Home Lawmakers visit El Salvador, Guatemala, to learn more about root causes of migration

Lawmakers visit El Salvador, Guatemala, to learn more about root causes of migration

central america spanberger
Photo courtesy Office of Abigail Spanberger.

A bipartisan congressional delegation visited Central America this week to learn more about the Biden administration’s actions to stem irregular migration to the United States.

In both El Salvador and Guatemala, the delegation, which included Reps. Abigail Spanberger (D-VA-07), Lou Correa (D-CA-46), John Katko (R-NY-24), Jimmy Panetta (D-CA-20), and Tony Gonzales (R-TX-23), met with civil society leaders and business leaders to discuss their work, the impact of irregular immigration on their societies and economies, the challenges they face in trying to build opportunities and mitigate the root motivations for migration, and how the U.S. government can support these efforts — both at home and through international engagement.

The delegation also met with U.S. Foreign Service, U.S. Department of Commerce, and U.S. Agency for International Development officers in both countries to discuss their work implementing the Biden Administration’s root causes of migration strategy.

“To better understand the challenges coming from Central America and how they impact the security of the United States, it’s important to meet directly with officials, business leaders, and law enforcement on the ground,” said Spanberger, a former federal law enforcement officer and CIA case officer who worked narcotics trafficking cases.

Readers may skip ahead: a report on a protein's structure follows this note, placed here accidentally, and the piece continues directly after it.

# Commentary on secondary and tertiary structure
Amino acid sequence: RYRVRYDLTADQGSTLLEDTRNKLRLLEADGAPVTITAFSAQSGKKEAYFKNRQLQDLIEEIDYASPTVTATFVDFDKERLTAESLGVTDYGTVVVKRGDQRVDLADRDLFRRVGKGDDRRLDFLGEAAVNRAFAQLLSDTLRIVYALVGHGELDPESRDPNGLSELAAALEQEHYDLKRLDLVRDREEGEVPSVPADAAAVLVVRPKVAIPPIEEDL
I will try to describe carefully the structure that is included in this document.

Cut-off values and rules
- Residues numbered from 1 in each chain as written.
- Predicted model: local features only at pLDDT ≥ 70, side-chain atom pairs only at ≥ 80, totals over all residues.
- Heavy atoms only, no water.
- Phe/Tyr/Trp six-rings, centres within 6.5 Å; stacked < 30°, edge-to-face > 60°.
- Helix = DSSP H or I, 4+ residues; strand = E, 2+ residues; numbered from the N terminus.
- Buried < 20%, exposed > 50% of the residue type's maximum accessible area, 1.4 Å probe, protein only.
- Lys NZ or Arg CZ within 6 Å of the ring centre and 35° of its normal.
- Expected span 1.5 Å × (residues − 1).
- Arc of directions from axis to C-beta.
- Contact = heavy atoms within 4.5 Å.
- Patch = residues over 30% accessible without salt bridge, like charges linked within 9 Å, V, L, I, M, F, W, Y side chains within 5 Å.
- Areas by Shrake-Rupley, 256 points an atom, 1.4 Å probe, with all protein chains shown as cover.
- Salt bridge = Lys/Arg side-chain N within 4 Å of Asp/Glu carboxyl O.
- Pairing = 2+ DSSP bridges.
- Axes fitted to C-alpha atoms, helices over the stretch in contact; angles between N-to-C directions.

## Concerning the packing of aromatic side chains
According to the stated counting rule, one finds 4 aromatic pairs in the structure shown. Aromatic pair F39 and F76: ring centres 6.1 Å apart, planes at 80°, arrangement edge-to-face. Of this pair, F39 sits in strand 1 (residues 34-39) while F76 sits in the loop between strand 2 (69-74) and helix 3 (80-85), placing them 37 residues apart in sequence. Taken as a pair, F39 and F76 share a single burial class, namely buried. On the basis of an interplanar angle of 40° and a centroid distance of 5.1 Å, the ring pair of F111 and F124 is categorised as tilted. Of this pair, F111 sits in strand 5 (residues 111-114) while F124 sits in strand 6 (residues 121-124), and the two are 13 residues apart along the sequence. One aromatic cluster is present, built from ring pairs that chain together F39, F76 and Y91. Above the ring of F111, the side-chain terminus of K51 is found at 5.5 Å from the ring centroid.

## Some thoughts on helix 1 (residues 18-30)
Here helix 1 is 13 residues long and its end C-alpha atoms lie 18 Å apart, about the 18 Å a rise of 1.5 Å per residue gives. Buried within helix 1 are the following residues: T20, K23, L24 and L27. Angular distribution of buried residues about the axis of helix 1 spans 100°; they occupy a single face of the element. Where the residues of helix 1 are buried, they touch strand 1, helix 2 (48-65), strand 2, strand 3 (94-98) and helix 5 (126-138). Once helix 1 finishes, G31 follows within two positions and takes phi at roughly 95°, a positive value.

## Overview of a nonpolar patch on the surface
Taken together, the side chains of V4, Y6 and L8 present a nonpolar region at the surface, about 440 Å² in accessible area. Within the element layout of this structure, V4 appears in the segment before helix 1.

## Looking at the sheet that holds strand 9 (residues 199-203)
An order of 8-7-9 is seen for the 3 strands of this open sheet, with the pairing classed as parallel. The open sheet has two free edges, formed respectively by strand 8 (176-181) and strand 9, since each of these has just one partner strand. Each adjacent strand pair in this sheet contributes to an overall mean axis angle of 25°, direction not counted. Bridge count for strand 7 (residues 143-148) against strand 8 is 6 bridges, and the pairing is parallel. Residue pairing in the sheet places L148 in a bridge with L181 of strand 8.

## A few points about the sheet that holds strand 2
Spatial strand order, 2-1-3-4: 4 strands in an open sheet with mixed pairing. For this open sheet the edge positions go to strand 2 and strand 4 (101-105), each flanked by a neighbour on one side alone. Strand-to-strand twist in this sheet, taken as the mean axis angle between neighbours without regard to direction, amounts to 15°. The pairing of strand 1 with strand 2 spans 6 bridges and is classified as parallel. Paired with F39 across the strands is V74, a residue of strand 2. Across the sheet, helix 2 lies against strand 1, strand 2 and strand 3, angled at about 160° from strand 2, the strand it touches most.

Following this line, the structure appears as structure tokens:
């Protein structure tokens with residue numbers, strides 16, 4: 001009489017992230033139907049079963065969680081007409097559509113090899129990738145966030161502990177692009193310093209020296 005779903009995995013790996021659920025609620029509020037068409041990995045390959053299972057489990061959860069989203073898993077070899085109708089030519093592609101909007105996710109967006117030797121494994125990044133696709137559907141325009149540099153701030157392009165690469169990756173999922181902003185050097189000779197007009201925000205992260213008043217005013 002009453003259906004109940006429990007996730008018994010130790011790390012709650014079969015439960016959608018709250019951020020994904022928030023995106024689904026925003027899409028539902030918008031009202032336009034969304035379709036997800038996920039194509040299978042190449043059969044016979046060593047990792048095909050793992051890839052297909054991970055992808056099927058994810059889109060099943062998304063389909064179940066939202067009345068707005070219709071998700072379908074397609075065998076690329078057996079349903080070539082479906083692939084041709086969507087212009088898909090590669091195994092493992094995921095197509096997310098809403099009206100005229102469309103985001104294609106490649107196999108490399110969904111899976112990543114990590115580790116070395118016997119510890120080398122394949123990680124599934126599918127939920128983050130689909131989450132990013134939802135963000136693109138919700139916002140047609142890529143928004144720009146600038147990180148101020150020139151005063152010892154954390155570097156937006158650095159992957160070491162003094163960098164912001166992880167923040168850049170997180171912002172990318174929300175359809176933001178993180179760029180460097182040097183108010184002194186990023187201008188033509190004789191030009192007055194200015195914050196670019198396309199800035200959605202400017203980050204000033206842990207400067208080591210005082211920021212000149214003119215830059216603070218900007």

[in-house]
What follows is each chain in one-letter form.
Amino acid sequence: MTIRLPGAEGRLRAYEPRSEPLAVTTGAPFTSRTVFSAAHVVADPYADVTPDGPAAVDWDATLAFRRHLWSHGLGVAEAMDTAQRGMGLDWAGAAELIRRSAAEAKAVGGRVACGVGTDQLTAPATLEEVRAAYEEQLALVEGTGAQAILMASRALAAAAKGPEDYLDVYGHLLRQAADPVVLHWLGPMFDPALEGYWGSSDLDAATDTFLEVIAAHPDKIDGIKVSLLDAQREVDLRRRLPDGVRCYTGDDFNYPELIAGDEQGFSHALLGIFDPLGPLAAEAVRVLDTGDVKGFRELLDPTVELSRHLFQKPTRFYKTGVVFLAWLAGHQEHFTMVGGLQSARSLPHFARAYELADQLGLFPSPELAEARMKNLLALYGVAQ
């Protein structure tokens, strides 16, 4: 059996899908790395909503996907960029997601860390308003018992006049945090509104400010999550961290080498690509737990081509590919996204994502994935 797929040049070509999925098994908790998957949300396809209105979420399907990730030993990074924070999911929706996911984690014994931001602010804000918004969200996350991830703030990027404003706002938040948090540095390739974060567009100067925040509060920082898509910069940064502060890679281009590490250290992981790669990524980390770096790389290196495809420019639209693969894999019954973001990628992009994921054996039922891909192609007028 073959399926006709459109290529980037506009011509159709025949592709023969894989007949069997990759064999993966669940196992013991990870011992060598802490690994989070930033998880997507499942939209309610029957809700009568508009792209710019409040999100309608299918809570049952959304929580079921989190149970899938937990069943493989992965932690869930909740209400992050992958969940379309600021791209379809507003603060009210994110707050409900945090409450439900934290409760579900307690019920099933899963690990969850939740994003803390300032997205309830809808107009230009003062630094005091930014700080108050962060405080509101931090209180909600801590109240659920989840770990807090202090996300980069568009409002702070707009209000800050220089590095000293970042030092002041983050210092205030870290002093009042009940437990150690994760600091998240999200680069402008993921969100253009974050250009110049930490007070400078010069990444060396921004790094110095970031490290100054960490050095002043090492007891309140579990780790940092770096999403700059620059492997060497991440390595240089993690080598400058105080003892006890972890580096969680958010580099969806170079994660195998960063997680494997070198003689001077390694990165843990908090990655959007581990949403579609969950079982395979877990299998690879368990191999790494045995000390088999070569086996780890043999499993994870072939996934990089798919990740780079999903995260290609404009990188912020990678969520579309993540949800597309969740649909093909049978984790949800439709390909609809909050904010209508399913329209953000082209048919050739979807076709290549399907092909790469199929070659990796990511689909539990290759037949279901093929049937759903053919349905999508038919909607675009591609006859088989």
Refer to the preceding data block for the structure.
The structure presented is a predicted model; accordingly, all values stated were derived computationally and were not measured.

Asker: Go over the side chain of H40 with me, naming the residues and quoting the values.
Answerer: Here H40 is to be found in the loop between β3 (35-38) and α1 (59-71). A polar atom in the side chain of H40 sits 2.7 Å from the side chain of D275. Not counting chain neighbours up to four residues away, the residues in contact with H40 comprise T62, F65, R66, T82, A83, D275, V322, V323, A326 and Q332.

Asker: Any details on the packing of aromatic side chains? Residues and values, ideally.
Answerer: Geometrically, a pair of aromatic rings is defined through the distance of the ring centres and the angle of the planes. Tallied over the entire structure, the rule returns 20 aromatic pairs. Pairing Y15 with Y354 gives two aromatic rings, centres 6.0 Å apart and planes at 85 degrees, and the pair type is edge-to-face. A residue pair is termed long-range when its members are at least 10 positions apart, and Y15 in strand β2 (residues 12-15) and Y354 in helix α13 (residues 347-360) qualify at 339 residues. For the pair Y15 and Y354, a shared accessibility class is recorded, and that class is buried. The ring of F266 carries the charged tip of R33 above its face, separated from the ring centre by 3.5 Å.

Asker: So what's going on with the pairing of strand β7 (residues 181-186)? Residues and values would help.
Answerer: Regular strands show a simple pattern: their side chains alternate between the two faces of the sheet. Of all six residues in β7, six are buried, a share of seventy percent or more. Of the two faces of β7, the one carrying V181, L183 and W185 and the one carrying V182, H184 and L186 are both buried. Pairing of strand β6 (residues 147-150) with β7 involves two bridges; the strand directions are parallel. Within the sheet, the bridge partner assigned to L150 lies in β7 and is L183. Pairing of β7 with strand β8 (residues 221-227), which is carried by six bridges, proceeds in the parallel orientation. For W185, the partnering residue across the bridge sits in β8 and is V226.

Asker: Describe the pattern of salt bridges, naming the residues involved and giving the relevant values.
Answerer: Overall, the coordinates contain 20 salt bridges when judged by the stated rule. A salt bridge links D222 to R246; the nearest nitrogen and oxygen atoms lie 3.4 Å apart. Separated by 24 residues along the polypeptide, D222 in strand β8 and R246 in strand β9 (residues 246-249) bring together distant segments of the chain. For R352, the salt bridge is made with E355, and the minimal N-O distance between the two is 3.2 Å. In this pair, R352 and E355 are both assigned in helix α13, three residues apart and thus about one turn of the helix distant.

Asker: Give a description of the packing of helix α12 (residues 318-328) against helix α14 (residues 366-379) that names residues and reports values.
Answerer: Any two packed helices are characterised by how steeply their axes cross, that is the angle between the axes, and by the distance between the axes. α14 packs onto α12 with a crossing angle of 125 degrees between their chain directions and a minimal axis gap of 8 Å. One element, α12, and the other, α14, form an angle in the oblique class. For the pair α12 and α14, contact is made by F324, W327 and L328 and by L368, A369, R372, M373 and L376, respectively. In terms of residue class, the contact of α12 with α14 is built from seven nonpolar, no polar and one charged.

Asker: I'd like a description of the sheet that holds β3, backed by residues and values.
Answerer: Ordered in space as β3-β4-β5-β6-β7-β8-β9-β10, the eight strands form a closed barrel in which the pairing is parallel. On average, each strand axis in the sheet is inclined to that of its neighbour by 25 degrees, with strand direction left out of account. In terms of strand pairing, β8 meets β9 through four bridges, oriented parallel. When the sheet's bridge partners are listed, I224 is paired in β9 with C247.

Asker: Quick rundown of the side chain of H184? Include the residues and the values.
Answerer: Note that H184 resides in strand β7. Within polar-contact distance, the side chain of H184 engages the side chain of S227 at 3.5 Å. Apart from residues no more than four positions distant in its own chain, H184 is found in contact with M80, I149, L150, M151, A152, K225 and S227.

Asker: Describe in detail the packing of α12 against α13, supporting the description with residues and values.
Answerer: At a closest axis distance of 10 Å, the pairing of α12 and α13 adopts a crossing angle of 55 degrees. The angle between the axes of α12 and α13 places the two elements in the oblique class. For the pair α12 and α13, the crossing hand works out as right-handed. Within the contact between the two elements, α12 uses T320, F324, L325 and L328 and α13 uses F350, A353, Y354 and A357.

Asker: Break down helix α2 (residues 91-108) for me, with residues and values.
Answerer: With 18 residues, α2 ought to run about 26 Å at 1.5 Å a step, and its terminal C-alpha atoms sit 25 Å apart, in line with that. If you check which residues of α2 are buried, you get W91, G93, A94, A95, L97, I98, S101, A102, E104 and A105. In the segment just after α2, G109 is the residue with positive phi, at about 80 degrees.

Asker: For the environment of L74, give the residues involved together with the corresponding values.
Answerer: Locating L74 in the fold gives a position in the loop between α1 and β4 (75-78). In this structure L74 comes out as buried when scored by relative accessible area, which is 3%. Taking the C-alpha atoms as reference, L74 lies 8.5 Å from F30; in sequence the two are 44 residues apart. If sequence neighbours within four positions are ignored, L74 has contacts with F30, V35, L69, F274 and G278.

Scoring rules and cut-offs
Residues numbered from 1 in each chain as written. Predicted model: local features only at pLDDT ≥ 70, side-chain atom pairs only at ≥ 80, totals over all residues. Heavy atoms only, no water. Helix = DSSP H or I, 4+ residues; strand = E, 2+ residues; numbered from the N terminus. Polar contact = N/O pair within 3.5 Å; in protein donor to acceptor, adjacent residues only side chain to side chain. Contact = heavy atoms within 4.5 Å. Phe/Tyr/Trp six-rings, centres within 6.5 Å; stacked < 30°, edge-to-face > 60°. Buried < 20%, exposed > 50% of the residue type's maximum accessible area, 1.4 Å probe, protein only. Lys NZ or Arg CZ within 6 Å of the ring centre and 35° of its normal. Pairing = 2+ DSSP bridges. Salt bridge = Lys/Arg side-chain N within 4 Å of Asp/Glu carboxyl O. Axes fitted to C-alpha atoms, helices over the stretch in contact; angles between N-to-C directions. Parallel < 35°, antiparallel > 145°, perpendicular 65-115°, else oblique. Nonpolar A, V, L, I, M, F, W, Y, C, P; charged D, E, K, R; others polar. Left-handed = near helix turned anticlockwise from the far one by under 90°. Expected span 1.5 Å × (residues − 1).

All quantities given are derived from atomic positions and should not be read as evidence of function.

“This bipartisan delegation trip was an opportunity to learn more about how the United States can strengthen the information we have related to transnational criminal organizations, bring order to our southern border, and work in partnership with these countries to prevent further humanitarian crises in the region. I am grateful for the cooperation of the governments of Guatemala and El Salvador during this fact-finding mission, and I look forward to continuing my work in Congress related to the security of our borders and the long-term stability of our neighbors in Central America.”

In both countries, the delegation toured “near-shoring” facilities, including a technology company in El Salvador that runs training programs to create opportunities for Salvadorans at home as an alternative to migration and manufacturing facilities in Guatemala that leverage the strength of U.S. investment to create stable job opportunities.

In El Salvador, the delegation also visited the Joint Border Information Group (GCIF) headquarters. GCIF brings together law enforcement and immigration authorities from seven countries in the region — and Interpol — to share information about transnational criminal activities, particularly migrant smuggling and human trafficking.

In El Salvador, Foreign Minister Alexandra Hill Tinoco and Ambassador Milena Mayorga welcomed the CODEL for bilateral discussions at the Foreign Ministry about the economic, political, and social impact of migration on El Salvador.

In Guatemala, the delegation met with Guatemalan President Alejandro Giammattei, Ambassador Alfonso Quiñónez, and multiple cabinet members to similarly discuss the impact of migration on Guatemala’s economy and society.



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